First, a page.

Philippines - ReliefWeb News
China: China, Philippines - Tropical Cyclone MERANTI UPDATE (GDACS, CMA, JTWC, PAGASA, CWB, NDRRMC, Local Media) (ECHO Daily Flash of 14 September 2016)
Tropical Cyclone MERANTI continued moving north-west over the Philippine Sea and made landfall over Itbayat island (Batanes group of islands) on 13 September afternoon (UTC) as a very intense Typhoon. It then continued moving north-northwest maintaining its intensity. On 14 September at 0.00 UTC, its centre was located approx. 35 km south of the south coast of Pingtung county (Taiwan) and it had max. sustained wind speed of 287 km/h (Typhoon).
Over the next 24 h, it is forecast to continue moving north-west slightly weakening but remaining a Typhoon. Its centre may move over the coast of Fujian province (China) on 14 September late evening (UTC), possibly as a Typhoon. Heavy rain, strong winds and storm surge may affect the areas along its path.
As of 14 September early morning (UTC), the China Meteorological Administration has issued a Red Warning for Typhoon for Taiwan and Fujian province and the Central Weather Bureau of Taiwan (CWB) has issued a Sea and Land Typhoon Warning for the southern and south-eastern counties of Taiwan. Local media also reported that 1 500 people have been evacuated and at least 120 000 households have been left without power in the south and southeastern counties of Taiwan.
As of the same date, a Tropical Cyclone Signal #2 has also been issued for the Batanes islands by the Philippine Atmospheric, Geophysical and Astronomical Services Administration (PAGASA). National authorities reported that at least 14 families were evacuated and electricity was shut-down throughout Batanes islands.
• TC MERANTI: On 13 September at 06.00 UTC its centre was located approx. 317 km east of Batan island (Batanes islands, Philippines) and 500 km south-east of the eastern coast of Taiwan and had max. sustained wind speed of 296 km/h (Typhoon).
• Over the next 24 h it is forecast to continue moving north-west maintaining its intensity.
Heavy rain, strong winds and storm surge may affect areas along its path. It may move near or over the Batanes islands on 13 September afternoon (UTC), possibly as a very intense Typhoon.
• As of 13 September early afternoon (UTC), the Philippine Atmospheric, Geophysical and Astronomical Services Administration (PAGASA) has issued a Tropical Cyclone Warning Signal #4 for Batanes islands and #3 for Babuyan islands • South-eastern China and Taiwan were previously affected by TC NERPATAK which caused widespread damage and casualties.
• TC RAI: On 12 September late afternoon (UTC) it made landfall close to Quang Ngai city (Quang Ngai province, central Vietnam) as a Tropical Depression. It then continued moving over land weakening. Over the next 24 h it is forecast to continue moving west-northwest weakening further and dissipating. Heavy rain may continue to affect areas along its path. Due to its passage several buildings were damaged in several central provinces of the country.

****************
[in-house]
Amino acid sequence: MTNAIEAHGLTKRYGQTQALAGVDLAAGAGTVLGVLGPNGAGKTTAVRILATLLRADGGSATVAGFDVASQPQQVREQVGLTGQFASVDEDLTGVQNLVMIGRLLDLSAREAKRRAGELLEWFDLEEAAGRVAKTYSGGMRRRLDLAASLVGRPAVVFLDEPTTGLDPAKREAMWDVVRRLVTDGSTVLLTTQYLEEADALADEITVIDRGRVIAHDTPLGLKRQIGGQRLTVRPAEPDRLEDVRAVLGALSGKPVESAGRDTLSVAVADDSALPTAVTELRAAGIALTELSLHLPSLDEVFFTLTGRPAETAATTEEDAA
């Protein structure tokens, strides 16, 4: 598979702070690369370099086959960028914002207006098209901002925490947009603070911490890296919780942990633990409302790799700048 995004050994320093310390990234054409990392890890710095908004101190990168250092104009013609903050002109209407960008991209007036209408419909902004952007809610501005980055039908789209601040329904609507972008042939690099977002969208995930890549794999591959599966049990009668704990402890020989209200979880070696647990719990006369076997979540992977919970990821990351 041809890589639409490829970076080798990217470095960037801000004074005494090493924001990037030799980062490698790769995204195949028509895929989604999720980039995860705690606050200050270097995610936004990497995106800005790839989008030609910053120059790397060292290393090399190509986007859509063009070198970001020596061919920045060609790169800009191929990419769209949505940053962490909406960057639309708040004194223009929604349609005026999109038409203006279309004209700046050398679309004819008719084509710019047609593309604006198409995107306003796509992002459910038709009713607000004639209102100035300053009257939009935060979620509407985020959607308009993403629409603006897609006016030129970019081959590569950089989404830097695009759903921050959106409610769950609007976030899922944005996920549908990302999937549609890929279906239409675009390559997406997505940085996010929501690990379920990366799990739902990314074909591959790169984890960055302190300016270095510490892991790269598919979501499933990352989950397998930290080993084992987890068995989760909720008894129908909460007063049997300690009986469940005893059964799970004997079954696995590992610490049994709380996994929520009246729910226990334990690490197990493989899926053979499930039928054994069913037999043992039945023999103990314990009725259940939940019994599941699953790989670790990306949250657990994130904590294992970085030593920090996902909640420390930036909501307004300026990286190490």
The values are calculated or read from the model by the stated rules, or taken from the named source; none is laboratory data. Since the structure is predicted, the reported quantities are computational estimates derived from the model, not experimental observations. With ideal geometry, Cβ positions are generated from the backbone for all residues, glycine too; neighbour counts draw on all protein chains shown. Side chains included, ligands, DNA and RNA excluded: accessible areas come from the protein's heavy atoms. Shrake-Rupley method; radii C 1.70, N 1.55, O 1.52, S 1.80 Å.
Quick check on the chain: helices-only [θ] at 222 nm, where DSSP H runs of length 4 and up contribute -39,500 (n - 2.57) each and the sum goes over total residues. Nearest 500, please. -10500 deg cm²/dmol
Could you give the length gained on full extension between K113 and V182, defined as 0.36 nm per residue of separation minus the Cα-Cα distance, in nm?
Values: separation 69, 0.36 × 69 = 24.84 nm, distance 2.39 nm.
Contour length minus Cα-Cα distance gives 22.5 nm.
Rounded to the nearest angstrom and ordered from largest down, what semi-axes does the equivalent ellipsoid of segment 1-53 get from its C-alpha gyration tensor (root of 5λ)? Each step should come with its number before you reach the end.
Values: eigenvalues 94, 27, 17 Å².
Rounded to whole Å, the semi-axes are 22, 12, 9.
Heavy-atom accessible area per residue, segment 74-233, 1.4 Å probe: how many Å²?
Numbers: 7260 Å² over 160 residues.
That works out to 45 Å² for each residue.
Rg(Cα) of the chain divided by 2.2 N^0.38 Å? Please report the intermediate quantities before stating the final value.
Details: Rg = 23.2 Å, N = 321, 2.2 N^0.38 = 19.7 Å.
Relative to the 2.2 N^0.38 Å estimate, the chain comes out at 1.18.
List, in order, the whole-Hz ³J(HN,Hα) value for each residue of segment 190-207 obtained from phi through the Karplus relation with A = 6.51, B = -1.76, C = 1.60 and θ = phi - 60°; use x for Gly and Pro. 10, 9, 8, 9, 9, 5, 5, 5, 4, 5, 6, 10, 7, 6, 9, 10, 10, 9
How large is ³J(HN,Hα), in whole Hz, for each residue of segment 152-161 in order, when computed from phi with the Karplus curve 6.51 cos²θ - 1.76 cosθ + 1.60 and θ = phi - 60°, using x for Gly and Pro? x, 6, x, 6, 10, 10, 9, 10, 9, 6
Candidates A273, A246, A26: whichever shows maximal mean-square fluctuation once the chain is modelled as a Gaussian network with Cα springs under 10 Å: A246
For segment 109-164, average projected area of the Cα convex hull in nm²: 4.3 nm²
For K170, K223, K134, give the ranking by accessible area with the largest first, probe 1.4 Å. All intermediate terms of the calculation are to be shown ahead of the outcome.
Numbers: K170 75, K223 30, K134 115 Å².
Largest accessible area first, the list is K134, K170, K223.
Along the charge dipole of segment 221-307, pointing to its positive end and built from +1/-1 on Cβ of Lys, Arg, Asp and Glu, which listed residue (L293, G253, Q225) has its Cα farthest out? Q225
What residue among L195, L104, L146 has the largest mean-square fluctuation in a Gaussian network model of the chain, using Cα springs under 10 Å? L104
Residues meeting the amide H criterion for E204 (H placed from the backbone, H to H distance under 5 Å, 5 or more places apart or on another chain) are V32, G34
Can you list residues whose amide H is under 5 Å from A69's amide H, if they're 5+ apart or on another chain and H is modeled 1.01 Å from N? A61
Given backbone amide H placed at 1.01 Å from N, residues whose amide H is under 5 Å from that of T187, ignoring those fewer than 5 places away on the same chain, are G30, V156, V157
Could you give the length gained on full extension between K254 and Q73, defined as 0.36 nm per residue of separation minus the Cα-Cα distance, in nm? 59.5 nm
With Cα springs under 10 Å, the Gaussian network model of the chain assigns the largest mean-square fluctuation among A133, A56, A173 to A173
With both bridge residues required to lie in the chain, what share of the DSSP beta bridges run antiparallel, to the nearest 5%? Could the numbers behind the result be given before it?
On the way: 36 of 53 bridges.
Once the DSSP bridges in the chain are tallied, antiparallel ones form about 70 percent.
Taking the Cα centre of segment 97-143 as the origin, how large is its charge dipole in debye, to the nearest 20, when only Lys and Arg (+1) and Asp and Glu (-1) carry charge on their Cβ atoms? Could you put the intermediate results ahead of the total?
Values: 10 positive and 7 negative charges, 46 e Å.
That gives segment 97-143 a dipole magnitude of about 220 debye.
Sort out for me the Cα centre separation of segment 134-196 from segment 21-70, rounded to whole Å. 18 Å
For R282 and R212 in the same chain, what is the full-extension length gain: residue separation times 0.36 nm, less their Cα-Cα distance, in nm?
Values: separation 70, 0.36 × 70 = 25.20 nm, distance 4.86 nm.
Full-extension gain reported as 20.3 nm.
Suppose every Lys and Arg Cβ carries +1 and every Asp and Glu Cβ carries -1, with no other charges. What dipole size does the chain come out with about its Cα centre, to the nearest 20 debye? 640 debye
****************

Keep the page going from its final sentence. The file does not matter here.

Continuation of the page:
• TC MALAKAS: On 13 September at 6.00 UTC its centre was located approx. 860 km north-west of Hagatna island (Guam islands, USA) and it had max. sustained wind speed of 83 km/h (Tropical Storm). Over the next 24 h it is forecast to continue moving north-west strengthening.
Australia: Pathways to Protection: A human rights-based response to the flight of asylum seekers by sea
Background to the project The aim of this paper is to start a conversation about how we can answer the question: What is a rights-based alternative to the current model of third country processing in Nauru and Papua New Guinea?
The Commission has endeavoured to identify options for responding to flight by sea which are consistent with Australia’s international human rights obligations.
In publishing this paper, the Commission is seeking to make a positive contribution to this difficult policy area. We have sought to provide the framework for an alternative policy response, rather than an exhaustive overview of all relevant measures or a detailed plan for implementation. The policy options set out in this paper are offered so that they can be debated, refined and, if they are deemed fit for purpose, implemented.
The Commission also acknowledges that the options put forward in this report could benefit from further policy development and economic analysis prior to implementation. Careful analysis will need to be undertaken of the likely flow-on effects of expanding the opportunities for safe entry in Australia and altering some of the Government’s foreign policy strategies in the ways that are set out in this paper. Further research, consultation and planning would also be required to tailor these measures to conditions in different countries, and to the needs of particular groups.